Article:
Randa JarrarUSAWriting2012
Beirut 39 Project Fellow, with Alliance of Artists Communities



AT THE ABANDONED HOUSE near the woods, Gil told his mother stories. At first Aya felt queasy watching his lips curving around words, but then the words birthed sentences, the sentences becoming images, scenes, fables and dreams, and she cradled him in her arms as he spoke. She sat in the swept, pillowed corner she liked to recline in when she was still pregnant. She noticed an iris-shaped spot of dark wood on the floor by her feet, the spot winking at her. She liked to think the spot watched and protected them both, because by now she was aware that it was no dream, that her boy could speak, and not just speak, but orate, perform, lie, storytell.

“There was once a girl,” he said, “who lost her accent. She lost him many years ago, in her scrambling effort to assimilate. She was eight and her mother had just died, and everyone was giving her unwanted attention. And the girl simply could not afford be frizzy-headed, orphaned, and accented.

“One night, she made the accent sleep outside the bedroom.

“Then, she kicked him out to the front hallway.

“Then she made him stand by the apartment door.

“Then, outside, in the shared corridor.

“Then, across the street.

“Farther and farther until he stopped coming around. The first few days, she felt guilty and put up LOST signs; stapled them onto tree trunks next to rock show posters and weight-loss fliers. She sometimes thought she saw him in the dark, crossing the main road.

“Eventually, the girl grew up, finished high school, got a job, and she forgot about him, until years later.

“She set off one evening searching for him. She knew she would have to look in the nighttime, because her accent was fierce and social and loved to party. That was how she liked to picture her accent.

“She searched in restaurants, because she knew he loved to be surrounded by friends, cigarettes, drinks, and food. She went to Georgia and looked for him in soul food joints, but no one had seen a customer of his description. She searched in falafel shops, in sushi bars, in pizza places; she looked in Greek restaurants, the woman’s face behind the Saganaki’s brandy flame shaking no. She scoured Chinese restaurants, bar-b-que places out in Texas where the line starts at eight in the morning; she looked under tables where she used to hide with her accent when her parents caught her hanging out in cheap restaurants after school with boys. But her accent was still hiding, because she couldn’t find him there. She tried bagel shops on the Upper West Side; on her toes she searched for the tip of his hair at crowded French bistros and Iranian restaurants, even inside their cylindrical clay ovens.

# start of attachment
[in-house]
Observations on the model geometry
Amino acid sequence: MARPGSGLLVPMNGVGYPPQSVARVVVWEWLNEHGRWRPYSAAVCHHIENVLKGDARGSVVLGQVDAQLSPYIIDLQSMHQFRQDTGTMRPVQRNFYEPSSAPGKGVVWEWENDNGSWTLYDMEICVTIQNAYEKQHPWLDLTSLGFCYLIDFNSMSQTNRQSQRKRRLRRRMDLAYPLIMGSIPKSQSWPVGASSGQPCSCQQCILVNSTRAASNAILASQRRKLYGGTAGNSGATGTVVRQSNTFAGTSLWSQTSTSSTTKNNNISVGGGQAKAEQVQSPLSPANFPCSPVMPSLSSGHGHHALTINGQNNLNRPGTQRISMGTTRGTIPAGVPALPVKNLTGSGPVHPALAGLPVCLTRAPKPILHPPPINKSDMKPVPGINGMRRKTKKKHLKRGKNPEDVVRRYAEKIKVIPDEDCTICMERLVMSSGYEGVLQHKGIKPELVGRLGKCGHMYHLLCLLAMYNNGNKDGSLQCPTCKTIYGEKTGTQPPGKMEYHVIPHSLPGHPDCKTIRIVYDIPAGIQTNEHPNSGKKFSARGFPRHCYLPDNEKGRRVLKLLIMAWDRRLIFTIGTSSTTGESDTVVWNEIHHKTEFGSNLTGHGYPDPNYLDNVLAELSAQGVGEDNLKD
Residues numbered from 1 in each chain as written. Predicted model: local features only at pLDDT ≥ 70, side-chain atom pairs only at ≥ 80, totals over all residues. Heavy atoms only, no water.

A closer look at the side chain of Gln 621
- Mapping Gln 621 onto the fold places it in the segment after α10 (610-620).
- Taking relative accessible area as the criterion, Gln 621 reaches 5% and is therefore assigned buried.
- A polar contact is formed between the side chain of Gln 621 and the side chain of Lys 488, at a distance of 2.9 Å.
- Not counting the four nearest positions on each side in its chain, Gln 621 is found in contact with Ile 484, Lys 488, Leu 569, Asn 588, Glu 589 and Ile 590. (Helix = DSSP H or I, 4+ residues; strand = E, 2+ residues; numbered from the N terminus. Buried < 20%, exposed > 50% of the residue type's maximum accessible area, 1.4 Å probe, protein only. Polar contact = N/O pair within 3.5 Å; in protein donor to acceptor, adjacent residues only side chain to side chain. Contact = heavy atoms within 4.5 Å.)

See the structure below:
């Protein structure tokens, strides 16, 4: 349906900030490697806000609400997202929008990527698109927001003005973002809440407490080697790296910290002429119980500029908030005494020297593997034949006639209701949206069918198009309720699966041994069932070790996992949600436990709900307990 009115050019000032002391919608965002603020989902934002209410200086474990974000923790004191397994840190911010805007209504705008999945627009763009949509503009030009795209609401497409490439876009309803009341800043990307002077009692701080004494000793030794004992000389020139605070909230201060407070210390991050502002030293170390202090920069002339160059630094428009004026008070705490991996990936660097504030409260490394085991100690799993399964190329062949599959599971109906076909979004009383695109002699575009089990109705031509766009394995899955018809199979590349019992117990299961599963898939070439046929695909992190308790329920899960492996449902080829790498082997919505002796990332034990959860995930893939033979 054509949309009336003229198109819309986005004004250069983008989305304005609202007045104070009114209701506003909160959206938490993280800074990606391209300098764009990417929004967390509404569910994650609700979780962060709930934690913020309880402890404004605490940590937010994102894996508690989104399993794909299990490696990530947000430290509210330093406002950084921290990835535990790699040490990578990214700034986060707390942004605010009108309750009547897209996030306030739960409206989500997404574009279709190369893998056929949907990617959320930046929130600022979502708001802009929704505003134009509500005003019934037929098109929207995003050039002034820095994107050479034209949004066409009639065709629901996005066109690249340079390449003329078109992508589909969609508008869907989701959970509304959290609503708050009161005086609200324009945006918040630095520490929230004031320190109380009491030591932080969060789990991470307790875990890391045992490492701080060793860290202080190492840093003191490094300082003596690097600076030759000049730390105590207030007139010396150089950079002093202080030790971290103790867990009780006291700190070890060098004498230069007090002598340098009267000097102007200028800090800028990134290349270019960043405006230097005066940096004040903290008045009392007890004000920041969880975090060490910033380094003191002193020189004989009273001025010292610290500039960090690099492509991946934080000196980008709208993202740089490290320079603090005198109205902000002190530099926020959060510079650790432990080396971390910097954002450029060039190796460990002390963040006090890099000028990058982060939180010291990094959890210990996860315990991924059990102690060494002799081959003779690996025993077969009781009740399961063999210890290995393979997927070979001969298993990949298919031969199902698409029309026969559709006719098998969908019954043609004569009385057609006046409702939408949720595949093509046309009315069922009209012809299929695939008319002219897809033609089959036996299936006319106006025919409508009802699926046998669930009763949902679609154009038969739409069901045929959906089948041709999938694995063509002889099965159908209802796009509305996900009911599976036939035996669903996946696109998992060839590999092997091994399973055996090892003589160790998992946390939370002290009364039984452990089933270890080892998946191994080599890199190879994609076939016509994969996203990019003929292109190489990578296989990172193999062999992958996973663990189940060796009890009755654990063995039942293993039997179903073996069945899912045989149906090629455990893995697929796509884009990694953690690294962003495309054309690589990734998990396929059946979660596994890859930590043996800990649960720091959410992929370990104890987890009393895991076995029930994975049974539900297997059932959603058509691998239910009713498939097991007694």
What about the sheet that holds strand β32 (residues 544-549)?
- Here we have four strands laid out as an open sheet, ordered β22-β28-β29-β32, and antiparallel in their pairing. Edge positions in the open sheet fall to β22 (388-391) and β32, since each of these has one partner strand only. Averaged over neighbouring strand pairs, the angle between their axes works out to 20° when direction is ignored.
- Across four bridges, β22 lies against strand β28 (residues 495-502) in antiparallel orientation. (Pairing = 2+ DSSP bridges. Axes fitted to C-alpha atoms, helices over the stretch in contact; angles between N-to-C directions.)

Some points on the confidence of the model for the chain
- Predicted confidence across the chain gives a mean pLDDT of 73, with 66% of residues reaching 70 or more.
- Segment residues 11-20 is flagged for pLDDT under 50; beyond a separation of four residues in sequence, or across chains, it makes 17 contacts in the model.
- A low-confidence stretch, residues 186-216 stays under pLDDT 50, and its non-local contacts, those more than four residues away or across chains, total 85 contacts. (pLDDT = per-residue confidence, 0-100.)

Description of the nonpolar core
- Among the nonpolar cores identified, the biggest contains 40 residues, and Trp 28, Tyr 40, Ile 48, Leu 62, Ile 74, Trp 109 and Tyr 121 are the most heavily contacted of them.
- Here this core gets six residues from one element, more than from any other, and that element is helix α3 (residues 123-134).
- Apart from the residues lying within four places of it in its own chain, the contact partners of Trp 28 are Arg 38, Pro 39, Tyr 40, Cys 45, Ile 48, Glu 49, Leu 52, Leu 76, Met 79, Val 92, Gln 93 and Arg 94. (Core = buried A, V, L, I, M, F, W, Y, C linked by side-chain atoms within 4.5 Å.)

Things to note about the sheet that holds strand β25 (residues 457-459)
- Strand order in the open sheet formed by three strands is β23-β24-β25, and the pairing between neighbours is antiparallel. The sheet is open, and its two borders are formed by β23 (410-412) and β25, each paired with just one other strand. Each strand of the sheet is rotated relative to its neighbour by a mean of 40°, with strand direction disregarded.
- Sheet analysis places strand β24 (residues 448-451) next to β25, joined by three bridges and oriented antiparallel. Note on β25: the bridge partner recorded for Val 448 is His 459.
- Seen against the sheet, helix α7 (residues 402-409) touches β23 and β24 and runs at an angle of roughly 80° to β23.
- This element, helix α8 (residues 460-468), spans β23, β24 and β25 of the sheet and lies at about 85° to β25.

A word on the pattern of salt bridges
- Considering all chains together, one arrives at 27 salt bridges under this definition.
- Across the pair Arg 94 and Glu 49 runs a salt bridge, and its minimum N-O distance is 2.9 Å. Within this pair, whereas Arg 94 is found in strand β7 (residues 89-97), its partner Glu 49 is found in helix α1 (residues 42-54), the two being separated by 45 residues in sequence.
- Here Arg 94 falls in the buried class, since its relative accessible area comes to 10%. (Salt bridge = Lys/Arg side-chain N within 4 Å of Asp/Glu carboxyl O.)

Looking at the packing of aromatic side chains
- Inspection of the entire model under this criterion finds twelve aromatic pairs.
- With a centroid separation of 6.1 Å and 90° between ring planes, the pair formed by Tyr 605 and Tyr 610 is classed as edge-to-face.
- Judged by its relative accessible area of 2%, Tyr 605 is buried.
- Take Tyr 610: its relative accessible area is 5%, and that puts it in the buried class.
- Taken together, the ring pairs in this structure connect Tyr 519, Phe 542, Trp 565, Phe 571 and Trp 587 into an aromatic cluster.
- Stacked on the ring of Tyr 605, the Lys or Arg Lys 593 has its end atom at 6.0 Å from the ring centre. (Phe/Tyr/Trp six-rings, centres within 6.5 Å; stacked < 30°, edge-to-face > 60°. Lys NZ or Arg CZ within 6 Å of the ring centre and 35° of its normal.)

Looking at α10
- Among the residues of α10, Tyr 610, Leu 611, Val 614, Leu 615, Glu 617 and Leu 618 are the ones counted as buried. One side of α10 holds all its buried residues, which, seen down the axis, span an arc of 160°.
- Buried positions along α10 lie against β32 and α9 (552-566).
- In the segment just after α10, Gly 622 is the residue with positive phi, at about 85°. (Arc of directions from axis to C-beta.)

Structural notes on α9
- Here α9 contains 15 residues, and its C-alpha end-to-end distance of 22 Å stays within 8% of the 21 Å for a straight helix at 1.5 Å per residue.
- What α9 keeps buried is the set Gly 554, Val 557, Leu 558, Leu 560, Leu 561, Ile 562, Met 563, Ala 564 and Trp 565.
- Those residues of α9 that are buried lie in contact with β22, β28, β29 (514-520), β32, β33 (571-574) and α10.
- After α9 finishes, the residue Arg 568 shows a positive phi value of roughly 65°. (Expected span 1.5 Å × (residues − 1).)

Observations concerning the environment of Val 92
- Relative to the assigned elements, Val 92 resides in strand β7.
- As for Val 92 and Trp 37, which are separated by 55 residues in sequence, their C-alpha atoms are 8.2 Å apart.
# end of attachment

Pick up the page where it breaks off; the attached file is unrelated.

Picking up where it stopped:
That’s when she knew she’d been looking in the wrong place.

“She went back. She visited the soul food joints, but this time she tried in the kitchen. ‘That guy!’ the kitchen staff said, ‘he left years ago.’ She searched in falafel shops, in sushi bars, in pizza places; they all said that her accent had worked there for a few weeks then disappeared. She looked in Greek restaurants, the woman’s face behind the Saganaki’s flame shaking yes this time, and that it was a tragedy because he made the best moussaka; people and their kids came in just for that. She went through Chinese restaurants, bar-b-que joints in the Texas hill country where people line up at eight in the morning; and those people had heard of him, said they missed her accent’s smoked ribs the most. She tried bagel shops on the Upper West Side, and the owners told her her accent’s funny lilt was like Yiddish; that he schmeared bagels for his customers so right they wanted only him. She searched for his apron at crowded French bistros and the head chef, a beautiful man named Ramon, told her in his accent, that her accent was a good chef, but that he was lonely. ‘I think the last time I saw him, he was packing up to go back home,’ Ramon said, swallowing the ends of his words. ‘He never told us where that was, because he didn’t remember. He said his home was the ocean and the sewer, the birdsongs of little girls’ teasing and bitter tears. He said he was going for a search.’

“Ramon poured her a glass of Fumé Blanc when she cried. ‘Mija,’ he said, ‘I hope to God I never, ever, ever lose my accent.’ And he pronounced it loose.”